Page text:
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Lincoln Medical School, Lincoln

By George Spreckley
Lincoln Medical school 1

Lincoln Medical School is a partnership between the universities of Nottingham and Lincoln and delivers various medicine foundation and degree programmes. The brand-new purpose-built Lincoln Medical School Building was completed in March 2021 and includes lecture theatres, laboratories, a clinical skills suite with consultation rooms, an anatomy suite, and a biomedical and health sciences library. The school was established with the specific aim of improving the recruitment and retention of doctors to Lincolnshire.

The new building design takes inspiration from the nearby picturesque Brayford Pool waterfront. It is the most sustainable building on the University Estate and features both solar panels and a living wall, leading to it being declared Sustainable Development of the Year at Business Link Magazines brick awards.

The building features an Air Source Heat Pump with a hybrid VRF system, one of the first to be used in a university. It also utilises night cooling in certain spaces and thermal massing, which helps to maintain an ambient temperature, reducing the needs for additional heating and cooling. The scheme is aiming for a BREEAM Excellent rating and has achieved a DEC B and EPC A rating.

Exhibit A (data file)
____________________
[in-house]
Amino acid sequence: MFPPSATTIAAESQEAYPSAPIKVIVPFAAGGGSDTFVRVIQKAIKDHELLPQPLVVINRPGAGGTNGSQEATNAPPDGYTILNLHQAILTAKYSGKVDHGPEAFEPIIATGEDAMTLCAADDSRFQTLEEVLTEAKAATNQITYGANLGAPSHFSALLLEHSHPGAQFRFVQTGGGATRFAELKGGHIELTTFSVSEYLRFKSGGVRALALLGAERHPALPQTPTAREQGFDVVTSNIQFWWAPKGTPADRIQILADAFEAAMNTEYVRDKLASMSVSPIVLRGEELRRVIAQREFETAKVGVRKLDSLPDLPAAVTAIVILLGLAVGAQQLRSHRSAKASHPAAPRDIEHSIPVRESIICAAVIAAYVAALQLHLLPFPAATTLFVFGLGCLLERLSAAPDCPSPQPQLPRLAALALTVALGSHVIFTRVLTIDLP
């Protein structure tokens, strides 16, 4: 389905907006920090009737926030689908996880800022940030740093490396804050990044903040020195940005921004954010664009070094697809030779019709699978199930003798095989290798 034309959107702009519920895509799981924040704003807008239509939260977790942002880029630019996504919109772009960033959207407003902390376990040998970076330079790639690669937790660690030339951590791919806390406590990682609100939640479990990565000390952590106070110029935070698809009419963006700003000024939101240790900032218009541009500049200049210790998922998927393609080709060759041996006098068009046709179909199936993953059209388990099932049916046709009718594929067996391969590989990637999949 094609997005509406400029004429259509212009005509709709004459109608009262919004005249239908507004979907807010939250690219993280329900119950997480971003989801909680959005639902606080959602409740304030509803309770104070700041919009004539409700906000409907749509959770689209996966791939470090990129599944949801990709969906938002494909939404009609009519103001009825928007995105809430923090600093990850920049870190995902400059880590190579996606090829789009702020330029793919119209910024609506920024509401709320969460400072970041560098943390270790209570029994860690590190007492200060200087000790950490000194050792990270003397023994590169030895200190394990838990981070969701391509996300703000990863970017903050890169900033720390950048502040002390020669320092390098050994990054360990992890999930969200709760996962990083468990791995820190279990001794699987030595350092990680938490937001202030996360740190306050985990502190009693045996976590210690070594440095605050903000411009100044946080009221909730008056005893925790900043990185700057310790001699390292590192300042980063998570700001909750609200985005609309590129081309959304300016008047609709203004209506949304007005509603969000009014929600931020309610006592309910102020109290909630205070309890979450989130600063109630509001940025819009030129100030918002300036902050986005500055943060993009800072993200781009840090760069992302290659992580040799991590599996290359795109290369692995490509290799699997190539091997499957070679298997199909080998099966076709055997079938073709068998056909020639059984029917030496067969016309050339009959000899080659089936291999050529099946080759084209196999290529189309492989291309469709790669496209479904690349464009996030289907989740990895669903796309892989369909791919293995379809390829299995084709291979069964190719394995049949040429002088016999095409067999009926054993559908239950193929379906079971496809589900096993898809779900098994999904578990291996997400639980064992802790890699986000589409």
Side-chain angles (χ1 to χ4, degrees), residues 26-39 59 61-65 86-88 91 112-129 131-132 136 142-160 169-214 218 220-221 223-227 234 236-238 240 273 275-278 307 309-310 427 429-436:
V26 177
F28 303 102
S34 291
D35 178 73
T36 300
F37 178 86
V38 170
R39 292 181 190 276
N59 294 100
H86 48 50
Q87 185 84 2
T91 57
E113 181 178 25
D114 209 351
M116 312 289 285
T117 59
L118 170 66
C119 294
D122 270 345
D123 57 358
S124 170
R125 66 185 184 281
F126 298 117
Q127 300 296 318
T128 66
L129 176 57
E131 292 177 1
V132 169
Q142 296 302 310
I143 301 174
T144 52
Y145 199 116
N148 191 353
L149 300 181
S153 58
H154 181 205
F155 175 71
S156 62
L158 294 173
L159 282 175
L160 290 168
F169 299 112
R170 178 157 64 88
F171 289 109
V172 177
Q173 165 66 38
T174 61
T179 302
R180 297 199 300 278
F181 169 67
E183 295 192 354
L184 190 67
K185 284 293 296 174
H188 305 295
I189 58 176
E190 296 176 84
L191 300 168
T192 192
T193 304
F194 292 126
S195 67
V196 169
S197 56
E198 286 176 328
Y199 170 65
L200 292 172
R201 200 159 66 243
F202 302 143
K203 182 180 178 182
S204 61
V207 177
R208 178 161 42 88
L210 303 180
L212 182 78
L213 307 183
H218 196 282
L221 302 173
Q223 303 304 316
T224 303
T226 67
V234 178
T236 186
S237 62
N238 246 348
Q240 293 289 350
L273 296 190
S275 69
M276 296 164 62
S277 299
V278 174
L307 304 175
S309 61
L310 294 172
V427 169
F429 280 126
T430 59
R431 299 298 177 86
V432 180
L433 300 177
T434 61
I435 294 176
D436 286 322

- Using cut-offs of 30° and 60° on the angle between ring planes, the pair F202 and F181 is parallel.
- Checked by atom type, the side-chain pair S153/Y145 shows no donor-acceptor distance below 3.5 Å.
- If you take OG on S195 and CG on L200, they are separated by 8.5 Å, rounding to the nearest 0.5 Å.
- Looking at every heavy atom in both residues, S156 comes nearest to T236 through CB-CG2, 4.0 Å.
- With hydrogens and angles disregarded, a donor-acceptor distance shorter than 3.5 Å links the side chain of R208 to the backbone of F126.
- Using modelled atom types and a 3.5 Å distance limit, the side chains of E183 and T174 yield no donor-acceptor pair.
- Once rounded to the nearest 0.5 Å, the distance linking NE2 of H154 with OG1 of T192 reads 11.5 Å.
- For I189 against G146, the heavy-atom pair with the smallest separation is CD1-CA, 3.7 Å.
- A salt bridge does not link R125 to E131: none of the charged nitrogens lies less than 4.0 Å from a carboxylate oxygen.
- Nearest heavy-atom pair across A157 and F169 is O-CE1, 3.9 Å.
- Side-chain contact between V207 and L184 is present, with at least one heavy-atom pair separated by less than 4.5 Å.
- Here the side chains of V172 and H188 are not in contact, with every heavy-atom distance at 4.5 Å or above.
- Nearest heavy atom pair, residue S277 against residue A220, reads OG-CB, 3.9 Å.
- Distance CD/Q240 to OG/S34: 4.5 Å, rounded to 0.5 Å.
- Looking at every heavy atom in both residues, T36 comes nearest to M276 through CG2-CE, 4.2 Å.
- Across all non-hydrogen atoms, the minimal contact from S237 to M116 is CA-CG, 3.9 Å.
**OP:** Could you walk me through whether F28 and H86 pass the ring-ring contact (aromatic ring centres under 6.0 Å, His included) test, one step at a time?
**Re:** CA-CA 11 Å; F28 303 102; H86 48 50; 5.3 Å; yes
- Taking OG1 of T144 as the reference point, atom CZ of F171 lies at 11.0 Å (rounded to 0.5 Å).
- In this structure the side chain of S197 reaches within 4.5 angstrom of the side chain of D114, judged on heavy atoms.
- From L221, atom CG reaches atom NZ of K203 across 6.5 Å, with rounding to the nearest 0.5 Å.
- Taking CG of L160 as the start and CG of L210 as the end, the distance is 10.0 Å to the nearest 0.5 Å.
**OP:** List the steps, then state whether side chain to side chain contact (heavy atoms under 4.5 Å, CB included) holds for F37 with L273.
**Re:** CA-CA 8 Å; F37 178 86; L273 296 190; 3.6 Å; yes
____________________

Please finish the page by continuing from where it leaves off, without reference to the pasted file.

The building is faced with two bricks: the Wienerberger Clifton Grey Multi and Michelmersh Windemere Grey. The Windermere Grey was used to the majority of the building, offset by the Clifton Grey Multi at ground floor and lower two storey annexe section of the building. The pale consistent colour of the Windermere Grey is complimented by matching windows and adjacent splayed panels to give a classical limestone like appearance. In contrast, the multi is unmistakeably a brick façade, and draws the eye from the clean lines above.

One of the standout features of the project is the brickwork from ground to first floor. This is built stretcher bond in alternating projections of 20mm. This detail brings further contrast between the two bricks and gives separation in texture and a change of relief to the annexe’s appearance. The incorporation of a green wall to the high-level roof area adds a dramatic visual impact by contrasting the natural foliage with the surrounding brickwork.

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